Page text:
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Wildlife: Crime

Home Department written question – answered on 8th May 2008.

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Photo of Elliot Morley Elliot Morley Labour, Scunthorpe

To ask the Secretary of State for the Home Department if she will review the effectiveness of enforcement by police forces of measures against wildlife crime and illegal hunting.

Photo of Vernon Coaker Vernon Coaker Parliamentary Under-Secretary (Home Office) (Crime Reduction)

We have no plans at present to review the effectiveness of enforcement by police forces of measures against wildlife crime and illegal hunting.

It is the role of Her Majesty's Inspectorate of Constabulary to review the efficiency and effectiveness of police forces. As such it would be for the Chief Inspector to decide on such a review.

The Home Office has recently announced that it will contribute £150,000 per year for three years to fund the National Wildlife Crime Unit (NWCU). Government officials will be working closely with the Association of Chief Police Officers and the NWCU to monitor the outcomes achieved through this funding.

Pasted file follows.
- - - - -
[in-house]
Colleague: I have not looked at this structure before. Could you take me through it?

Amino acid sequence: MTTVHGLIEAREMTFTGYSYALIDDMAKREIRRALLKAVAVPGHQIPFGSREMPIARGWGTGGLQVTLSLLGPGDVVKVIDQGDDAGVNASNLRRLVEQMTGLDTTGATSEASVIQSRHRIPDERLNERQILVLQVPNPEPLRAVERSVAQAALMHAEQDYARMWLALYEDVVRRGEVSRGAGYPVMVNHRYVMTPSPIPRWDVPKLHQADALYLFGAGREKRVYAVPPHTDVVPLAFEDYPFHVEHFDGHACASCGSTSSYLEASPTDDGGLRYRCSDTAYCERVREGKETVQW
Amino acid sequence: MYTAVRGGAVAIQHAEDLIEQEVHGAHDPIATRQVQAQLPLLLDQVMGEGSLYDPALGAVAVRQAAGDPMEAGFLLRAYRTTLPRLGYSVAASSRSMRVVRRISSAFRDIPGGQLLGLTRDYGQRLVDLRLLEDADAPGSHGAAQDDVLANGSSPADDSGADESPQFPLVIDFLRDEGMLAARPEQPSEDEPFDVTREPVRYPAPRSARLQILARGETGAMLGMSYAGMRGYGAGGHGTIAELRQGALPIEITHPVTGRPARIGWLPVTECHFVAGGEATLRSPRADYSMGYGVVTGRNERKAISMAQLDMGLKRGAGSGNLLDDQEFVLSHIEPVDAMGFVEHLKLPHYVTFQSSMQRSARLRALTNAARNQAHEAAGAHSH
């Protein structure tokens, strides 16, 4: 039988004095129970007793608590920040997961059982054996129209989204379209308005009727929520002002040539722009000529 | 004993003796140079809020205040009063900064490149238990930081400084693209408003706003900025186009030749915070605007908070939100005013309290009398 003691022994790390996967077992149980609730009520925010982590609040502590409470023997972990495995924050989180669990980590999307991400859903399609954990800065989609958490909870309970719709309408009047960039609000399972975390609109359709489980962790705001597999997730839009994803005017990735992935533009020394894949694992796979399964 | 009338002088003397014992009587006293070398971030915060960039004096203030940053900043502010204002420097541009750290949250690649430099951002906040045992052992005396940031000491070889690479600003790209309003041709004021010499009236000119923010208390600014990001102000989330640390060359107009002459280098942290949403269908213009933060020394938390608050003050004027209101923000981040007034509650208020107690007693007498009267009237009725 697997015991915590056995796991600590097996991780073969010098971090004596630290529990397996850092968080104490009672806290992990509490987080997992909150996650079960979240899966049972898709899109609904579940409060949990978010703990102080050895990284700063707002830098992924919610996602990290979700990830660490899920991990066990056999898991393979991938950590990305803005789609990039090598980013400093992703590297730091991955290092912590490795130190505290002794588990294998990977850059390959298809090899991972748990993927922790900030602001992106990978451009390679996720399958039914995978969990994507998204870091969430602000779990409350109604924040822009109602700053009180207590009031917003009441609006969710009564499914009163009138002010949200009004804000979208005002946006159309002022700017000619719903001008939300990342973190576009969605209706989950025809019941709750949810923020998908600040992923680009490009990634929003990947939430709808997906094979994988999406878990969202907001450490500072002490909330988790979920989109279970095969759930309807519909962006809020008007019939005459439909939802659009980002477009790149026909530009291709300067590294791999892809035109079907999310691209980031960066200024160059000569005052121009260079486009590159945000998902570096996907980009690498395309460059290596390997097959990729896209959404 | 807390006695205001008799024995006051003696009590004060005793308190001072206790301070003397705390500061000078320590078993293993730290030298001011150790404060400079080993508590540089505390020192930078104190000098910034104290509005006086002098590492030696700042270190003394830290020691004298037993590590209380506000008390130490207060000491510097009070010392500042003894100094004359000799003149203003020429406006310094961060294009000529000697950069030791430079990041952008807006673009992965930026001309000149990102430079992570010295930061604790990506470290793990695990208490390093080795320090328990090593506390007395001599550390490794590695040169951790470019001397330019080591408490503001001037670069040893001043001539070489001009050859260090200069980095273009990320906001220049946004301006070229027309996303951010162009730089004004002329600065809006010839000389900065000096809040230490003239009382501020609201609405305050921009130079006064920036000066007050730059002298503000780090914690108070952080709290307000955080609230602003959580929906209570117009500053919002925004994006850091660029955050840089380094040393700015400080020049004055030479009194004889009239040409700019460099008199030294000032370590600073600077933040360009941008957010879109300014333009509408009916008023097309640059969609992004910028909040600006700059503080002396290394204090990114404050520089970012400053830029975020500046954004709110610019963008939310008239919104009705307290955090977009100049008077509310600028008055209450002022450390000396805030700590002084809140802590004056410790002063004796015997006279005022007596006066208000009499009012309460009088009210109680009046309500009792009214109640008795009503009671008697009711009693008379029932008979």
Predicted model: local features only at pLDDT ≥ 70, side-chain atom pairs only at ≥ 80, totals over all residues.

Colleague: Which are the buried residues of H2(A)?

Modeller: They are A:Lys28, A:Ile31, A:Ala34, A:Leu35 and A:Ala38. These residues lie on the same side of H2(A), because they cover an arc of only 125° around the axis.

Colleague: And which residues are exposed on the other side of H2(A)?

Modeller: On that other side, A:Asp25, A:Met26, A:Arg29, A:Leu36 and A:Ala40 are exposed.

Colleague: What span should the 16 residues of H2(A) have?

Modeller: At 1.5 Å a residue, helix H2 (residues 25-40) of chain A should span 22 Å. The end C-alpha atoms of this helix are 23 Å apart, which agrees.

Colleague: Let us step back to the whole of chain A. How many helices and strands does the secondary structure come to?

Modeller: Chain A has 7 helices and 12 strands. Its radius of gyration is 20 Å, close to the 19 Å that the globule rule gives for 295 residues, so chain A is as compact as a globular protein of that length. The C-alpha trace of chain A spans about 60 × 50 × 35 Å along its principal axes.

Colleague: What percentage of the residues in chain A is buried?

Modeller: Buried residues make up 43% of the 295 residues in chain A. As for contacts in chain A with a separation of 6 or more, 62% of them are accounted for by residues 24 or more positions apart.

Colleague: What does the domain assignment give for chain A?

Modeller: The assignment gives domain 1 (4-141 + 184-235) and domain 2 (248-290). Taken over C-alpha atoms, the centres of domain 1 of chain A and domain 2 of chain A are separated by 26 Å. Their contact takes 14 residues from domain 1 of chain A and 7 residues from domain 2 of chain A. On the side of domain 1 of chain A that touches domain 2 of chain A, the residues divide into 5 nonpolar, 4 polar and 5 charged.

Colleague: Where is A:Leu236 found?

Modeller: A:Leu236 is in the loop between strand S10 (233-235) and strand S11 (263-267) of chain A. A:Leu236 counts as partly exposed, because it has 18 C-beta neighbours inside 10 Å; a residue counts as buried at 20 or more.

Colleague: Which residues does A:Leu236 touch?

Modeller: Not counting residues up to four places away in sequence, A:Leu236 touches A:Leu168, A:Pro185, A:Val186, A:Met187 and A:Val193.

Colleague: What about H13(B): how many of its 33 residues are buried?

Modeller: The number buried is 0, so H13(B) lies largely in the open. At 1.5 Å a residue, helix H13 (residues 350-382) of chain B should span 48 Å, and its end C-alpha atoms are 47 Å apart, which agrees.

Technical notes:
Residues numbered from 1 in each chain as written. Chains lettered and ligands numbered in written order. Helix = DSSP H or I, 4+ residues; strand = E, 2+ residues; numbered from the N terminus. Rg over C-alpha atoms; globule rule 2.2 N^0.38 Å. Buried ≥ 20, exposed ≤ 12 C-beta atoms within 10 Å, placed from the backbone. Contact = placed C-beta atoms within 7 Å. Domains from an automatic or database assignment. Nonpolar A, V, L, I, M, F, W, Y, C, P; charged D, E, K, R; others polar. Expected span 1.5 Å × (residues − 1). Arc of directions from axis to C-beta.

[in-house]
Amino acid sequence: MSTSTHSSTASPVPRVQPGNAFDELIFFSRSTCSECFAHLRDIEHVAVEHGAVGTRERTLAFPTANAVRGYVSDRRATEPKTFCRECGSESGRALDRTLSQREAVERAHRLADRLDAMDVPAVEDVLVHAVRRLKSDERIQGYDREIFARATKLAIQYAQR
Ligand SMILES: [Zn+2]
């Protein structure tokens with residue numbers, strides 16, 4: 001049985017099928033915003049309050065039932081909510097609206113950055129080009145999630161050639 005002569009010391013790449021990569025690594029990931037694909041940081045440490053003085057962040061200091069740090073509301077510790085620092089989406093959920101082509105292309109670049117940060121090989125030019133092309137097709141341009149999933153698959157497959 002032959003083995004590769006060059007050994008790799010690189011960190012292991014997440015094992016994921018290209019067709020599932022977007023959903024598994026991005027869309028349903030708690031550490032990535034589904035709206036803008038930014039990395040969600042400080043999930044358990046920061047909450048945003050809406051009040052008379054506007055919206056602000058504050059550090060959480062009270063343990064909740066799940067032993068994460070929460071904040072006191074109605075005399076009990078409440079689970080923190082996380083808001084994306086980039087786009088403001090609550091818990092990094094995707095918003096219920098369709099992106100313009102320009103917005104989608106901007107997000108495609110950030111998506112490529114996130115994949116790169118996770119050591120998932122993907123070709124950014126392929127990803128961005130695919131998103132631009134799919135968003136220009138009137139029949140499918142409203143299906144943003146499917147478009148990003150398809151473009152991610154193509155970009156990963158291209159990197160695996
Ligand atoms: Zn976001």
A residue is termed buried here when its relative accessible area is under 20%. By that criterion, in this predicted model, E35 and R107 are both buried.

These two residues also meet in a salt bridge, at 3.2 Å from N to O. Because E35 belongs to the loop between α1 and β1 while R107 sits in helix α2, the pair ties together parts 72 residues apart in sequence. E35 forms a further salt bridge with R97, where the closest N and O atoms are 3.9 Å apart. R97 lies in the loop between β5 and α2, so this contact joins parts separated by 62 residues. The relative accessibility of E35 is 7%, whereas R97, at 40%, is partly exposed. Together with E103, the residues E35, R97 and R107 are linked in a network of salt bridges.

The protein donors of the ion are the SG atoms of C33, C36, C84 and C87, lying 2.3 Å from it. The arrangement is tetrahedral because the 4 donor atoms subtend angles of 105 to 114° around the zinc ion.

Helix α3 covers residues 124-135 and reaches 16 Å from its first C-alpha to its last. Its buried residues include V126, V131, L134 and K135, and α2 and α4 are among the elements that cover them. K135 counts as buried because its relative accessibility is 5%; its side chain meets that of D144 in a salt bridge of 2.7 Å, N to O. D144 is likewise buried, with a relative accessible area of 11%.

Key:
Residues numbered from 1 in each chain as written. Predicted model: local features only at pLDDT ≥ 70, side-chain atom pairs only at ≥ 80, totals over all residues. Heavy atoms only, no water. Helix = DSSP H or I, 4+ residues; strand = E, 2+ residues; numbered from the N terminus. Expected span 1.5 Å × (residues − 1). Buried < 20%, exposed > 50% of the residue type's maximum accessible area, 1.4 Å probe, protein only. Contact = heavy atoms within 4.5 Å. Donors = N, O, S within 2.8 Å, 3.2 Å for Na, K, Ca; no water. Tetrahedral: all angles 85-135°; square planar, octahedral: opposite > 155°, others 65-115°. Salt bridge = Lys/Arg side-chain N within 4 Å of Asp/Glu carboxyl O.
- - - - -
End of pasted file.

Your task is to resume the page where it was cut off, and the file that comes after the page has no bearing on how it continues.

The Home Office continues to meet with interested stakeholders and to work closely with the police, through the Association of Chief Police Officers (ACPO) to identify what more can be done to ensure the Hunting Act is effectively and appropriately enforced and to improve detection of illegal hunting.

The Association of Chief Police Officers have conducted a survey of local police forces' response to enforcement of the Hunting Act which will inform best-practice guidance. The Government are also working with ACPO on ways to raise awareness of issues surrounding enforcement of the Hunting Act across the police service, and to communicate the importance of visible enforcement to community policing in rural areas and to the maintenance of public order.

We are also working closely with the Attorney-General about what more can be done to secure prosecutions where evidence has been presented of Hunting Act offences being committed. The Attorney-General in turn has agreed to raise the issue of the burden of proof in hunting cases with the Director of Public Prosecutions, and to engage with local Crown Prosecution Service leads to better understand and then communicate, the evidence needed to bring forward successful prosecutions.

26 individuals have now been convicted of offences under the Hunting Act 2004 which does show that the legislation is enforceable when the evidence presents itself.

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